BY Katarina Piasevoli
In September, the Environmental Protection Agency (EPA) found a number of Volkswagen cars with diesel engines being sold in the United States equipped with defeat devices, an emissions cheating software. The software could tell when it is being tested and change the performance accordingly to improve results. The German car manufacturer has since admitted to cheating on emissions tests in the US. The scandal has left many drivers disenchanted with Volkswagen.
The company’s stock dropped 50 percent after the news became public. After cheating on emissions tests and misleading the public about how efficient its clean diesel vehicles were, Volkswagen is now attempting to make amends with its US diesel drivers by giving them free money. On Monday, the company announced it will payout its customers though what they call a “TDI Goodwill Program.” US drivers who own eligible models can collect a $500 prepaid card and another $500 to use at a Volkswagen dealership.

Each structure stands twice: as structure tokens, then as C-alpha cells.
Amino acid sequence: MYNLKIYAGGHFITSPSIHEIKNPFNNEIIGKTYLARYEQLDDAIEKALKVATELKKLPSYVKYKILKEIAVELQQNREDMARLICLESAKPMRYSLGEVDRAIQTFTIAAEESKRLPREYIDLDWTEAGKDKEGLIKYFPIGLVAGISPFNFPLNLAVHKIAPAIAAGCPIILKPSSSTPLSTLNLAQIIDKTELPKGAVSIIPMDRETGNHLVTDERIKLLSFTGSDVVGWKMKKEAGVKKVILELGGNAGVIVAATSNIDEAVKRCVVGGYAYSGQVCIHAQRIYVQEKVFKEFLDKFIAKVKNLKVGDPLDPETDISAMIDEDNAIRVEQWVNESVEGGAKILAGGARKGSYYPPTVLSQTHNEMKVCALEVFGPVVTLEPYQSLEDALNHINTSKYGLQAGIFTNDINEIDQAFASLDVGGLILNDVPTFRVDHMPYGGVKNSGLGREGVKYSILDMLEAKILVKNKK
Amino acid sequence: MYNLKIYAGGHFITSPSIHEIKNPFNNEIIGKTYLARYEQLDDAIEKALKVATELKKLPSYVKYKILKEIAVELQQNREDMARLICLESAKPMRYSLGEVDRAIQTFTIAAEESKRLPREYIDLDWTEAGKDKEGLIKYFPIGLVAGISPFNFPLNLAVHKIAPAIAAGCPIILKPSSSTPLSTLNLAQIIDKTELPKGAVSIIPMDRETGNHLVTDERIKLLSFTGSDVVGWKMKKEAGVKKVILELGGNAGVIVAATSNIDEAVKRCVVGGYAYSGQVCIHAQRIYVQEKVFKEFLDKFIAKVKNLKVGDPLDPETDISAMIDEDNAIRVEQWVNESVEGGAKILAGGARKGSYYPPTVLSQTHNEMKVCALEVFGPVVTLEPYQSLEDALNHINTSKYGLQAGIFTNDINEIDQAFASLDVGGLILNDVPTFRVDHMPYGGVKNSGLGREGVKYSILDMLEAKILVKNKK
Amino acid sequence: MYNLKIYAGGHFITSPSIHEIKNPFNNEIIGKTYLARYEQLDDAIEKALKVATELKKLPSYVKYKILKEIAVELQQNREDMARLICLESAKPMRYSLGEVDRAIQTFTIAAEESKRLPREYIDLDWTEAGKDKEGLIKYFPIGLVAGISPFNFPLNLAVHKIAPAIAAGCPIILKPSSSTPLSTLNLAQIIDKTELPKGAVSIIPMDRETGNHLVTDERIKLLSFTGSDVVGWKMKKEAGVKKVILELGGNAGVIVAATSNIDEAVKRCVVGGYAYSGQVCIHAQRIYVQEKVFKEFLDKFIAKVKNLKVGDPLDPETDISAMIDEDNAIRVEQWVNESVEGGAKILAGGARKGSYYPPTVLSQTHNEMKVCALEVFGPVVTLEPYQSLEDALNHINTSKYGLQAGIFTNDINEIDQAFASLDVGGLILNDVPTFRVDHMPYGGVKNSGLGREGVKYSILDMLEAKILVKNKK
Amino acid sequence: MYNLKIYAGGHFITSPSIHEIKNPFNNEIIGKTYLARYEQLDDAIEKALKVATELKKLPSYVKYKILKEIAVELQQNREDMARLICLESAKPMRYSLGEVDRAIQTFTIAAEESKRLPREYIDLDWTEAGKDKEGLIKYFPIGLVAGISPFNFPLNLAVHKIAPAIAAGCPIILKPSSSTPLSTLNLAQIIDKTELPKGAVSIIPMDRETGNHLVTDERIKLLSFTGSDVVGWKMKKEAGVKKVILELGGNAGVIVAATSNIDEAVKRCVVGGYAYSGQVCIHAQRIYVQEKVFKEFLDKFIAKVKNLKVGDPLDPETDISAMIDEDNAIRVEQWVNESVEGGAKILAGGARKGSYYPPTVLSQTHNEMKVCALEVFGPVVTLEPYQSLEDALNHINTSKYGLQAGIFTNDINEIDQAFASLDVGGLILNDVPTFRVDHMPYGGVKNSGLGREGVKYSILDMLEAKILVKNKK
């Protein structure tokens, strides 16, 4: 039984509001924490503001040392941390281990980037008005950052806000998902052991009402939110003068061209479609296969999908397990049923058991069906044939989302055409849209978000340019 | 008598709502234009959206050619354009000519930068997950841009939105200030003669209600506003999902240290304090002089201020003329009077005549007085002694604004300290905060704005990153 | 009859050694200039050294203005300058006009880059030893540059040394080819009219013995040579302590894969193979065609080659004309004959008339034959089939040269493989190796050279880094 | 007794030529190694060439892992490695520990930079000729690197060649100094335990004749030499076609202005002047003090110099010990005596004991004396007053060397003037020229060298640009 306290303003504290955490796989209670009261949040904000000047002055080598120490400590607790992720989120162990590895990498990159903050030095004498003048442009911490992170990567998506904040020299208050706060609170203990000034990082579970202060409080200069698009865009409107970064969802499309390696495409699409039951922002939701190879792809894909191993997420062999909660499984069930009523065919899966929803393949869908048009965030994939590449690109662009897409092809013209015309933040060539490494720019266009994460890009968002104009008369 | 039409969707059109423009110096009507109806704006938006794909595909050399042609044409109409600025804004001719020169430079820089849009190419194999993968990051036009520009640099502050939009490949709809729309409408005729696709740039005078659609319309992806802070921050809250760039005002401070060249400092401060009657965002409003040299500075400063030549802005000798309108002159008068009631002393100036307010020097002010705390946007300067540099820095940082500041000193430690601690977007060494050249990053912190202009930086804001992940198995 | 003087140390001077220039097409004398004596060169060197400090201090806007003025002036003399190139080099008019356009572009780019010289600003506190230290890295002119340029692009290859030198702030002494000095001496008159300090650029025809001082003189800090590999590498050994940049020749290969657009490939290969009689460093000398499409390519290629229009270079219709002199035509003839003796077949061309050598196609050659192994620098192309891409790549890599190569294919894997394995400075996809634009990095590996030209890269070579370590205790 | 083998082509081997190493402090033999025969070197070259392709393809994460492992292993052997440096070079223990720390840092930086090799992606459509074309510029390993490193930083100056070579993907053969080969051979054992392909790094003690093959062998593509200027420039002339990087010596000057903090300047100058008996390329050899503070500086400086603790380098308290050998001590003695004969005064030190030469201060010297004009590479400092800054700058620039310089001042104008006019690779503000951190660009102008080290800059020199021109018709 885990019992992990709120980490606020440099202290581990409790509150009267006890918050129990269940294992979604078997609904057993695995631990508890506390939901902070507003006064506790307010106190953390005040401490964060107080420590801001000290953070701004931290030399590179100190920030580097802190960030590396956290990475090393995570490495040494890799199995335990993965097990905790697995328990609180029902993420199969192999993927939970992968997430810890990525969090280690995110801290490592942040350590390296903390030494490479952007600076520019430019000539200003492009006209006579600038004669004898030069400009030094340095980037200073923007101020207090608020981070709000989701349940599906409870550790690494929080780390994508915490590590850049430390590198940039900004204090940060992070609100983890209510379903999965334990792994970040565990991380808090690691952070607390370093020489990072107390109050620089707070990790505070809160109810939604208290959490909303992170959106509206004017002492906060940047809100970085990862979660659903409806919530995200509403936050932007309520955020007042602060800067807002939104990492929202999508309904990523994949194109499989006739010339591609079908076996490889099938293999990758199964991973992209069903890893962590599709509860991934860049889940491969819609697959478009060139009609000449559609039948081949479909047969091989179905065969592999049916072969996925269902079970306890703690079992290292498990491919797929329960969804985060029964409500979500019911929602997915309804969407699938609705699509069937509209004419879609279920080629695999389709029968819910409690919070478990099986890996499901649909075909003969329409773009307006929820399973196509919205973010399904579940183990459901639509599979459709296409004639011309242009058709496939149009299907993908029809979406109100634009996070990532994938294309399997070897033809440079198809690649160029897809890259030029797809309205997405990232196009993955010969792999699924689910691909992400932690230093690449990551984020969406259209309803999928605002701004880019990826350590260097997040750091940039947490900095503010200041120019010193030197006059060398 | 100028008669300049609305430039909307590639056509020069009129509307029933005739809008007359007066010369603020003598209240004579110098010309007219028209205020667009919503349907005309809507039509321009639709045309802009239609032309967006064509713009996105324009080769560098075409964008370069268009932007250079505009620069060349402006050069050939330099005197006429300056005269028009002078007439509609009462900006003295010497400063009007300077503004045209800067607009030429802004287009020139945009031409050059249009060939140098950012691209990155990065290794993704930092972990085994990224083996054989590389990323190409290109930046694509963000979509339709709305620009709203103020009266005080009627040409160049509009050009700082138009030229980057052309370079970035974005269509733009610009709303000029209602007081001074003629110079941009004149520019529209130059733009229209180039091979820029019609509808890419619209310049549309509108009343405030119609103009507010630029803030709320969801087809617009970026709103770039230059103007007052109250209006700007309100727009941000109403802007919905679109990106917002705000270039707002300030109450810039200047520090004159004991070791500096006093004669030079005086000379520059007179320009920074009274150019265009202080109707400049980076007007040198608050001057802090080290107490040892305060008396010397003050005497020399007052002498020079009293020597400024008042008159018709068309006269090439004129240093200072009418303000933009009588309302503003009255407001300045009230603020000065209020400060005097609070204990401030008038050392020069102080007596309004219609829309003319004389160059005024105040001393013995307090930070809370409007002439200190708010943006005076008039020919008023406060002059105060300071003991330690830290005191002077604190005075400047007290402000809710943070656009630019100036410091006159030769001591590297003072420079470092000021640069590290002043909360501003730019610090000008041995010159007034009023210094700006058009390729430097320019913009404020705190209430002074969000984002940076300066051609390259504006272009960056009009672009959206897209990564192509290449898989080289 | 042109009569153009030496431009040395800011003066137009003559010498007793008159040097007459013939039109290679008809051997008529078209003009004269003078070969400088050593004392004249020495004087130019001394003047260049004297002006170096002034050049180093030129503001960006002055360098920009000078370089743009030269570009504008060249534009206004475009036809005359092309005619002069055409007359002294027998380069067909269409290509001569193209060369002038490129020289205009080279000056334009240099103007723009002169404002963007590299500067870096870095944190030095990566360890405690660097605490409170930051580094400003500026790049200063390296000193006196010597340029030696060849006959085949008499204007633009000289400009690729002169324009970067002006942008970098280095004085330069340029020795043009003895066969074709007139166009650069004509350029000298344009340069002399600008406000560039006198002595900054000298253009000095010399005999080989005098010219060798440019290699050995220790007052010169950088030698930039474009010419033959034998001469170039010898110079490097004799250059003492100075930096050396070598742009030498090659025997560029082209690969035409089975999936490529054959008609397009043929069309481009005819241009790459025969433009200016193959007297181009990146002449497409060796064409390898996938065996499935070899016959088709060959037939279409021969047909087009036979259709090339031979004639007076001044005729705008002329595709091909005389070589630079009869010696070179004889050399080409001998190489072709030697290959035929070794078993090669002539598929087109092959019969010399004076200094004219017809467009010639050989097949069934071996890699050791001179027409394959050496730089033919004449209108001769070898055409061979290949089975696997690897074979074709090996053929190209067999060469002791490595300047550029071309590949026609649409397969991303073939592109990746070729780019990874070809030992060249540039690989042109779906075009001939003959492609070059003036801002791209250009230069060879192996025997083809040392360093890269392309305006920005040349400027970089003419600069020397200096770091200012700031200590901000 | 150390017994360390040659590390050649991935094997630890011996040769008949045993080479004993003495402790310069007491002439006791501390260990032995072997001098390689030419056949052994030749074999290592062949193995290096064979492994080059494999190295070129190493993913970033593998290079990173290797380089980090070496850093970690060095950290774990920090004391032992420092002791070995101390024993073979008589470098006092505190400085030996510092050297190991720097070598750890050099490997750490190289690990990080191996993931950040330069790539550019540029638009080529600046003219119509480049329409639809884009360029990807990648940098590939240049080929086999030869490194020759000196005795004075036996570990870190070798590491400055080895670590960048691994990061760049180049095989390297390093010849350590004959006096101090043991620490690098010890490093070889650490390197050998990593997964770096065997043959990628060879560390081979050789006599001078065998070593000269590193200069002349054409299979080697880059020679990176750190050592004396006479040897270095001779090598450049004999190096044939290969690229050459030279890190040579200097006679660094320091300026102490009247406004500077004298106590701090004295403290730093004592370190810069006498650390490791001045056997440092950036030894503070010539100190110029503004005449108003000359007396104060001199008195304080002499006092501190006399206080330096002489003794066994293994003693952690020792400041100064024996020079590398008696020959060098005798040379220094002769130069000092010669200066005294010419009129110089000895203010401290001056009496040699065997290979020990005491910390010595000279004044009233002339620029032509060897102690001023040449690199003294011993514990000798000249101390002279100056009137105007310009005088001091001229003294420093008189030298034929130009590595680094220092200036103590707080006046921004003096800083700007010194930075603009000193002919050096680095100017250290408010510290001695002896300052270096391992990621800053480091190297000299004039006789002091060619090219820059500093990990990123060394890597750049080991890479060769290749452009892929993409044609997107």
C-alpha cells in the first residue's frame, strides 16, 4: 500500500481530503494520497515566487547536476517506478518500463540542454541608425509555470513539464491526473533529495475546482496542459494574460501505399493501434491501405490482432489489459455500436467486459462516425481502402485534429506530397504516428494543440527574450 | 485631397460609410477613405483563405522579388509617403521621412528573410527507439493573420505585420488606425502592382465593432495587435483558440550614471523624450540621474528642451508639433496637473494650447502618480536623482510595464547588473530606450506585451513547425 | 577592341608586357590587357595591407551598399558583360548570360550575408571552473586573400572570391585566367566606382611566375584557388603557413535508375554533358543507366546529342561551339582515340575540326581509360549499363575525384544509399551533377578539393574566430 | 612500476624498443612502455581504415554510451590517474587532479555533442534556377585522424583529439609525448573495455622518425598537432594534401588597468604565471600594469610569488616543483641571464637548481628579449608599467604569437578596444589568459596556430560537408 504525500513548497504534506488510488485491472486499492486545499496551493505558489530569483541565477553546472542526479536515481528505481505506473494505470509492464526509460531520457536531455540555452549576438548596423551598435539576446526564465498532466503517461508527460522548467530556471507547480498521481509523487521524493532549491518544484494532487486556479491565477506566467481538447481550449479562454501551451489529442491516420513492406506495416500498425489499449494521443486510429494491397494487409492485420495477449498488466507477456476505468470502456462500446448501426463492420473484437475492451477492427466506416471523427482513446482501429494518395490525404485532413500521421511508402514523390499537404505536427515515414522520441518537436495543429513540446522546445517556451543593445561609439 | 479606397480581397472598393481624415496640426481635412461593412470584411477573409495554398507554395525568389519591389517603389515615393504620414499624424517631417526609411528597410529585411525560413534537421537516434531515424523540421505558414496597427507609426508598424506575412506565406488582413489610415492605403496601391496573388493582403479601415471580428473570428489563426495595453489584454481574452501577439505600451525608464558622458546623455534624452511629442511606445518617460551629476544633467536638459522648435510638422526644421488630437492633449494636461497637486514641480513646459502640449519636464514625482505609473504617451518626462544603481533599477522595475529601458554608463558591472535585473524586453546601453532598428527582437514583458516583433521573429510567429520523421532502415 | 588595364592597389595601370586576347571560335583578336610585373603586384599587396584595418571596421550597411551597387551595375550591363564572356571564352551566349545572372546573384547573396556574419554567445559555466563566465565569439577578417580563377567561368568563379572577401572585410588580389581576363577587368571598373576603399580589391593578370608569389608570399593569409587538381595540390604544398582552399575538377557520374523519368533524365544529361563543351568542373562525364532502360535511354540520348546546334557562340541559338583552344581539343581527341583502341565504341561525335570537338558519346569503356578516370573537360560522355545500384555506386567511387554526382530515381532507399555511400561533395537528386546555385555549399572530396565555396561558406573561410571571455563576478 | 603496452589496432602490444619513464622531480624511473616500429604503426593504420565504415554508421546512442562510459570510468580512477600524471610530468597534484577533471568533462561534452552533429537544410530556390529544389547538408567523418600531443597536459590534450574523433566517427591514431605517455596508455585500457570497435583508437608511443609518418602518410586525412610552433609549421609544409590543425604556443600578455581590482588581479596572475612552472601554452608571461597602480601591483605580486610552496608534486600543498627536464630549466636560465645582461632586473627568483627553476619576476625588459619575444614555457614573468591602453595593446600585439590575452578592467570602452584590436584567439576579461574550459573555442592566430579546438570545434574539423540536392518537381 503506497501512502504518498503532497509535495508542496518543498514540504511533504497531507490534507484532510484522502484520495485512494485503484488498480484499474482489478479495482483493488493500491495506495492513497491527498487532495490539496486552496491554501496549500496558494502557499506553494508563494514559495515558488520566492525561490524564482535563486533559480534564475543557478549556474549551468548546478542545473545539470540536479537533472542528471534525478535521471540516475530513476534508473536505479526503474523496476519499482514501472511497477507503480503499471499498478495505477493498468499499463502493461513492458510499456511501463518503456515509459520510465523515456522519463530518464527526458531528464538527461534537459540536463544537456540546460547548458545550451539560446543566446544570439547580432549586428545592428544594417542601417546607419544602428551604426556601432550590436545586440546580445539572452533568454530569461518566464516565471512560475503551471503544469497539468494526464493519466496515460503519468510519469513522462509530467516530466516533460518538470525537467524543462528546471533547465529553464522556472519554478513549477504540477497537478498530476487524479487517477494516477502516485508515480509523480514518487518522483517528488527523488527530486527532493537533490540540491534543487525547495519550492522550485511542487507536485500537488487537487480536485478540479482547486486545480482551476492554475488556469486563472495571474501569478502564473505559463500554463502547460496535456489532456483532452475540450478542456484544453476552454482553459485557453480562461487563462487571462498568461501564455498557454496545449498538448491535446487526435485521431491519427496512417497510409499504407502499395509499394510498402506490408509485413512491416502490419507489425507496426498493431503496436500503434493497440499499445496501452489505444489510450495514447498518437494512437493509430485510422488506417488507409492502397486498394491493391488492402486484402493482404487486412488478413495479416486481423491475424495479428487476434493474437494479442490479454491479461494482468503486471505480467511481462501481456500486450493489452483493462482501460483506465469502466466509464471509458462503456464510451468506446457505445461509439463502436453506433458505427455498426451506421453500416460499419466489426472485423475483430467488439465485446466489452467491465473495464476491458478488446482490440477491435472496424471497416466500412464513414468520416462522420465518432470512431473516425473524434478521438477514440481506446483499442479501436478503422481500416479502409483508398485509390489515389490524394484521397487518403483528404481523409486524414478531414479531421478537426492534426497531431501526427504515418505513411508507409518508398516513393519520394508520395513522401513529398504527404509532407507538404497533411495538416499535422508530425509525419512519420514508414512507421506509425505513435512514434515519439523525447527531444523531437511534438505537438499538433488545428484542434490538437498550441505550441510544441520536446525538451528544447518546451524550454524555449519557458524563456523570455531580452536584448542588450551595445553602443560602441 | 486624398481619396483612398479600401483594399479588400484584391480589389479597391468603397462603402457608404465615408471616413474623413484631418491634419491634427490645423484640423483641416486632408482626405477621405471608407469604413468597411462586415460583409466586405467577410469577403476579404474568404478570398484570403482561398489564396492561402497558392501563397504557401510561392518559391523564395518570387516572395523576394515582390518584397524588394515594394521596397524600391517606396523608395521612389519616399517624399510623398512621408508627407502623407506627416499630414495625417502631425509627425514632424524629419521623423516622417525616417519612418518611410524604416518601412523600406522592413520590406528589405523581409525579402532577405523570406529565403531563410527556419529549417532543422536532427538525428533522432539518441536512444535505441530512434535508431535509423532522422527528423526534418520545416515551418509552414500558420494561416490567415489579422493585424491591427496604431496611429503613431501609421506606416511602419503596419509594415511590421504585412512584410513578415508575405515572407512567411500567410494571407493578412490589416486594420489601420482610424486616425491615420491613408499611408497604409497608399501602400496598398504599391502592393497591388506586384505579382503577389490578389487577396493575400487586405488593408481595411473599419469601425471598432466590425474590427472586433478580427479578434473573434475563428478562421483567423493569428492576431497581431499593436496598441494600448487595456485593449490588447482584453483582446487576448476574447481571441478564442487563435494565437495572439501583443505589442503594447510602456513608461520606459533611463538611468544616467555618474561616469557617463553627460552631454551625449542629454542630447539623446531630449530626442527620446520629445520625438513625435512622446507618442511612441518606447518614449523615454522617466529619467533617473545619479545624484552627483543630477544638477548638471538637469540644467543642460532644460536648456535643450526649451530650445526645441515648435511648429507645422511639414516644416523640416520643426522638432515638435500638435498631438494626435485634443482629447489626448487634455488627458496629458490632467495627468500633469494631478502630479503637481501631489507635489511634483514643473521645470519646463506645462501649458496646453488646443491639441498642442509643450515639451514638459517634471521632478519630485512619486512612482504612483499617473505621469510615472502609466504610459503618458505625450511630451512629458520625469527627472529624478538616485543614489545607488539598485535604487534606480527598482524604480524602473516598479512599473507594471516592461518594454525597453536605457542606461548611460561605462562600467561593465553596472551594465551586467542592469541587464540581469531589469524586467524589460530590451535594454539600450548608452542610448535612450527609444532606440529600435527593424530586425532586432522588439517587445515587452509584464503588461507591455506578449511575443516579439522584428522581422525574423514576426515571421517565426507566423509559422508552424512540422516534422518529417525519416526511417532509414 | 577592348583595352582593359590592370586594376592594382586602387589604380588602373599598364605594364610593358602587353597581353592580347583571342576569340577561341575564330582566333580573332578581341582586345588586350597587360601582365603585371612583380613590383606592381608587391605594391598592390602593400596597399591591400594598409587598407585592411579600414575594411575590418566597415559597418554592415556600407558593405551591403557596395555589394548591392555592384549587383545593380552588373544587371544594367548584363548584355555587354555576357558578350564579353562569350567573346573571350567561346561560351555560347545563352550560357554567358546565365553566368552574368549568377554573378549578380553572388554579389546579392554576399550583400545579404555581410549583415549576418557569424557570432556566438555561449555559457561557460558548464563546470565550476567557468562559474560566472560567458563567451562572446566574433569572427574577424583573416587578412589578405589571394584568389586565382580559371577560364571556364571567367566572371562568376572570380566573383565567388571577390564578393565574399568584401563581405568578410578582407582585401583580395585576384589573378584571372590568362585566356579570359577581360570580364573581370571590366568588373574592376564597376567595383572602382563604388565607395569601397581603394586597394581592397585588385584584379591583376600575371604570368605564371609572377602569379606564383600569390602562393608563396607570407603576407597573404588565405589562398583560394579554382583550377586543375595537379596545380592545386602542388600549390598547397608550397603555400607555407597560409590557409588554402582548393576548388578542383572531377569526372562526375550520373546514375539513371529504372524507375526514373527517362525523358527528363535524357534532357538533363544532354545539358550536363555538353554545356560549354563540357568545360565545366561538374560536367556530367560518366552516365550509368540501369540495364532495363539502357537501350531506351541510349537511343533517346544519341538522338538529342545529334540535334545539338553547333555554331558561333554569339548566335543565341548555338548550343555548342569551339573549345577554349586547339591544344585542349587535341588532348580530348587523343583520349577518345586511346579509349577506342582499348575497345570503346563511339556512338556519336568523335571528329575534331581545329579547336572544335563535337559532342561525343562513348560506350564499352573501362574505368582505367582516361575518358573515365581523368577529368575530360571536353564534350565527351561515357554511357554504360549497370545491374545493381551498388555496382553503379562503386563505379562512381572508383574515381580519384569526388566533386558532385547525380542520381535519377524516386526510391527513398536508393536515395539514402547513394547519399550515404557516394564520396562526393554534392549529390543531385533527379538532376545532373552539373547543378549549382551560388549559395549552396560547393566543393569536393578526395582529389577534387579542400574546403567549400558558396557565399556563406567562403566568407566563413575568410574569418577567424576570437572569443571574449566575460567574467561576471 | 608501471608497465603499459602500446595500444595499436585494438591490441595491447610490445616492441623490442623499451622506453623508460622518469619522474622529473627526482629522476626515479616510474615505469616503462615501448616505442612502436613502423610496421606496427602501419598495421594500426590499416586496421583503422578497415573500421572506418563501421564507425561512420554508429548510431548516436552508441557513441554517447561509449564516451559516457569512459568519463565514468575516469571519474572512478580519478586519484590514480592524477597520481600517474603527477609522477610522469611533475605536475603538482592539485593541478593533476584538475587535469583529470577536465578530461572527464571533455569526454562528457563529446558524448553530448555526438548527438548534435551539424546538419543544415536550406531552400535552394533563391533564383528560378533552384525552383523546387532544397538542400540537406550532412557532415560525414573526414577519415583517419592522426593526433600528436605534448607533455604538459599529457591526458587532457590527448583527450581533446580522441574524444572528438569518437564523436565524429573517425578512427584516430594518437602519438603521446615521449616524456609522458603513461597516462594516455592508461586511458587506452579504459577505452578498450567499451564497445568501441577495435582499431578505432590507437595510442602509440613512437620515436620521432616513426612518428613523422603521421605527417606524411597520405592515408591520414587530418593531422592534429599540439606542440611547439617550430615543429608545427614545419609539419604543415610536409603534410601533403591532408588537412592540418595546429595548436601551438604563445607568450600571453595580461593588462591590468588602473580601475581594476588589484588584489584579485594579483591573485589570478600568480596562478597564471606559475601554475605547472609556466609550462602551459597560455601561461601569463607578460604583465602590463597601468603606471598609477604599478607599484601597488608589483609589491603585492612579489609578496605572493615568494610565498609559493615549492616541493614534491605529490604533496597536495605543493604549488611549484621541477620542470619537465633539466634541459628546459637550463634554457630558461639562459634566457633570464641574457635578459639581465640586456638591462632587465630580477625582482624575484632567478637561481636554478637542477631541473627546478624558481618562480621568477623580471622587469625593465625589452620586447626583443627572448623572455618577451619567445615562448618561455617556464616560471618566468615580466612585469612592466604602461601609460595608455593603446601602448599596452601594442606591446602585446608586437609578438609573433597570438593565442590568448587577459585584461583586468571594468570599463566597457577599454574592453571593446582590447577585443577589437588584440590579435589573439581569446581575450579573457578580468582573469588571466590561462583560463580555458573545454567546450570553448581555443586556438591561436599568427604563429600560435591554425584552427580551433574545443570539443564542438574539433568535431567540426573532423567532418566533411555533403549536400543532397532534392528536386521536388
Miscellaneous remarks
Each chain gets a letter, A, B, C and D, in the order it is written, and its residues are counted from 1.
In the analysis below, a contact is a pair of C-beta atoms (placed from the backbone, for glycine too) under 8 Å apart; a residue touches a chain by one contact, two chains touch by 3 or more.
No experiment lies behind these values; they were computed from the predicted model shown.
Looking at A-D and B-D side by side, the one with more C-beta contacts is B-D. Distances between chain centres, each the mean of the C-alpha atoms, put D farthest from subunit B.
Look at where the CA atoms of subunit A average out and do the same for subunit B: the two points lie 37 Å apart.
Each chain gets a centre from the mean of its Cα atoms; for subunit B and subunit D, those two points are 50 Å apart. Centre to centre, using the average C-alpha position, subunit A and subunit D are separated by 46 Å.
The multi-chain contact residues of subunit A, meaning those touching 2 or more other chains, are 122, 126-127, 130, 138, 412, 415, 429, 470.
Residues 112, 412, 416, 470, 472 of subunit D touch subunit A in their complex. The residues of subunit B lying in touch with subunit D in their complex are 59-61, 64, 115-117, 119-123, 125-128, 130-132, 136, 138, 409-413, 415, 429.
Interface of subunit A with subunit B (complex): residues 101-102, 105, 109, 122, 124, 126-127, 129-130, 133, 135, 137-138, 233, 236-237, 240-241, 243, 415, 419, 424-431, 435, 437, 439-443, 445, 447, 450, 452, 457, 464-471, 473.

The CEO of VW US, Michael Horn, explained the program as the first step in regaining their customers’ trust. But what about the nitrous oxide they illegally and purposefully spewed out into American air? The cars emitted more than 40 times the allowable limits. Volkswagen admitted that 11 million vehicles worldwide were equipped with the software. Half a million of these were in the United States. Although the company issued a recall on the affected vehicles and started giving customers free money, they most certainly have not paid for their crimes. It is facing up to $18 billion in fines from the EPA. In addition, many angry drivers have joined in filing dozens of lawsuits against the company. With a mounting financial and public relations nightmare, this is not going to be a mistake from which Volkswagen can quickly recover—and $1,000 alone definitely won’t get the job done.